It is the Size of One's Will which Determines Success

Last week was an exercise in determination. Over the past 10 days, I would say, I've had to give myself some pretty intense pep talks, and I've been given a few as well. So, I'm writing to you all here today, a little bit bruised, a little bit frustrated, and hopefully a little bit wiser. There are times, whether it's in your education, in your personal life, or in your business when you ask yourself why you're doing what you're doing. I've been asking just that question.

The reminders of "why?" have been few and far between. The occasional bone gets thrown my way -- some great tidbit or some nuance of fact that changes how I look at things. I need more of those -- a lot more. I find that all I want to do is pour myself into the science and the learning, outside of the classroom. I love the learning; I just question sometimes being a student.

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(Image source: www.barewalls.com)

Tonight, after the regular day, are our male and female sensitive exams. The nervousness is palpable in the building. Some have asked why we have to do this. After all, most people decided to come here to become chiropractors -- and not necessarily primary care physicians. And at the same time, maybe some came to become primary care physicians, but not urologists or gynecologists. I have an (un)fair advantage. In my former education, I learned and performed these exams. So I'm going into this with a lot cooler head. That doesn't mean that I haven't given it any thought.

I've been giving a lot of things, a lot of thought.

In business class, we've been talking about a few different things. We've talked about malpractice insurance and business plans and several other things. One of the most common questions people in class ask, or professors talk about is, "How do we get paid?"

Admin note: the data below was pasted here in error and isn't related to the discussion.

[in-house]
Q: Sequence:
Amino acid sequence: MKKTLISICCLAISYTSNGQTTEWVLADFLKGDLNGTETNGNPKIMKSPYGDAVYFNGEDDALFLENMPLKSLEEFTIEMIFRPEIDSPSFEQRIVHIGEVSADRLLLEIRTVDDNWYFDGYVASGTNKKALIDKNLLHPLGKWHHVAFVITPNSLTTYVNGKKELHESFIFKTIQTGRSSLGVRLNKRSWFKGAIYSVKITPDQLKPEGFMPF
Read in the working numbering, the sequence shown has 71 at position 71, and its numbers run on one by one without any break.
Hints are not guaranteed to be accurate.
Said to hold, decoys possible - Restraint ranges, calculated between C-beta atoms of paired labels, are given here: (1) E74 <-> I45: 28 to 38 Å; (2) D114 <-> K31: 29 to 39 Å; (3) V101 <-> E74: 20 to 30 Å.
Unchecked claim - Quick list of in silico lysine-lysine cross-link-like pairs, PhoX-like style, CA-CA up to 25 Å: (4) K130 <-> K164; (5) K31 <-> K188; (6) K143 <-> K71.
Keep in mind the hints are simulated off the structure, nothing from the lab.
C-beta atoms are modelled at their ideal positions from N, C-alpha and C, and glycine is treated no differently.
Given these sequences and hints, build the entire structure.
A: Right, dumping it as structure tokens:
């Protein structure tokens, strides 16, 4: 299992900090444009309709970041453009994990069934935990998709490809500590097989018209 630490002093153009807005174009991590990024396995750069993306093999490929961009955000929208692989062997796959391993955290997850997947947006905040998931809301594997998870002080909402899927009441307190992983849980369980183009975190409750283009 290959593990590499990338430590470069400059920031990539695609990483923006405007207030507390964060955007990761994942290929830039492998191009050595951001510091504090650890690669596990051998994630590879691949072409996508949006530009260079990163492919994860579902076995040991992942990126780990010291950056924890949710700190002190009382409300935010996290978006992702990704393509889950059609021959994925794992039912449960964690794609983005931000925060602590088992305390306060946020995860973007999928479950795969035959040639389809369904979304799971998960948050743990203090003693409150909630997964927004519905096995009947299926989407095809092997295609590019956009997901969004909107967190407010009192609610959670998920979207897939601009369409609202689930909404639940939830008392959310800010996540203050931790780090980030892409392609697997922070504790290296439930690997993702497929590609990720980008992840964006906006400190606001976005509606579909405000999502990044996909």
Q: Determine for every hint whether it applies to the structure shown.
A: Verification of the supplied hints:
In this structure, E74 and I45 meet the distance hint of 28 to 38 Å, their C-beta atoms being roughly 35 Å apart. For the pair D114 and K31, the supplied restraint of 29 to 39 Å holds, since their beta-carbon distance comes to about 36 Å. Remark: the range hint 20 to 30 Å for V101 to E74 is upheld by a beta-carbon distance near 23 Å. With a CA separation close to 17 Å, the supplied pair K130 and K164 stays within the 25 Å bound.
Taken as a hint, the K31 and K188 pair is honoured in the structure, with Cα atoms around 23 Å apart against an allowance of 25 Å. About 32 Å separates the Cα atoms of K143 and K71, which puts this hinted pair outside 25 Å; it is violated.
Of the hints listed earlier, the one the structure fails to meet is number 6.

I'll be honest, and most of my classmates get so tired of hearing me talk about this, but for me, it has nothing to do with money. It may be poor planning on my part, but I know that if the service is there, if I'm able to do what I need and want to do and take care of my patients, then the money will come. Of course, that doesn't mean that I'm not fully on-board with hiring a businessperson to take care of that for me.

I've come across something that I find really, really amazing. Huffington Post published this article: "This Guy Stopped Charging Clients and He Has Zero Regrets." Adrian Hoppel, who is a web designer and not a chiropractor, has converted his business into a gift economy. The short version of his business model is that he does work, and presents it to his clients as a gift. There's no price set, although his clients are well educated on how much work is involved. He's finding that not only is he making more money, but also he's happier. What do you guys think? Could this work? I'm doing a fair amount of investigation on how we might be able to translate this to medical care.

Charles Eisenstein who was part of Adrian's inspiration, has written a book called Sacred Economics that talks about gift economy. It's available to read free online. It's on my list. I'll report back after I'm done with it. If you read it or have read it, PLEASE send me your thoughts.

Have a great week everybody! Keep the faith, or if you can't find it -- find some.

Oh, and Happy Valentine's Day. I love you guys! <3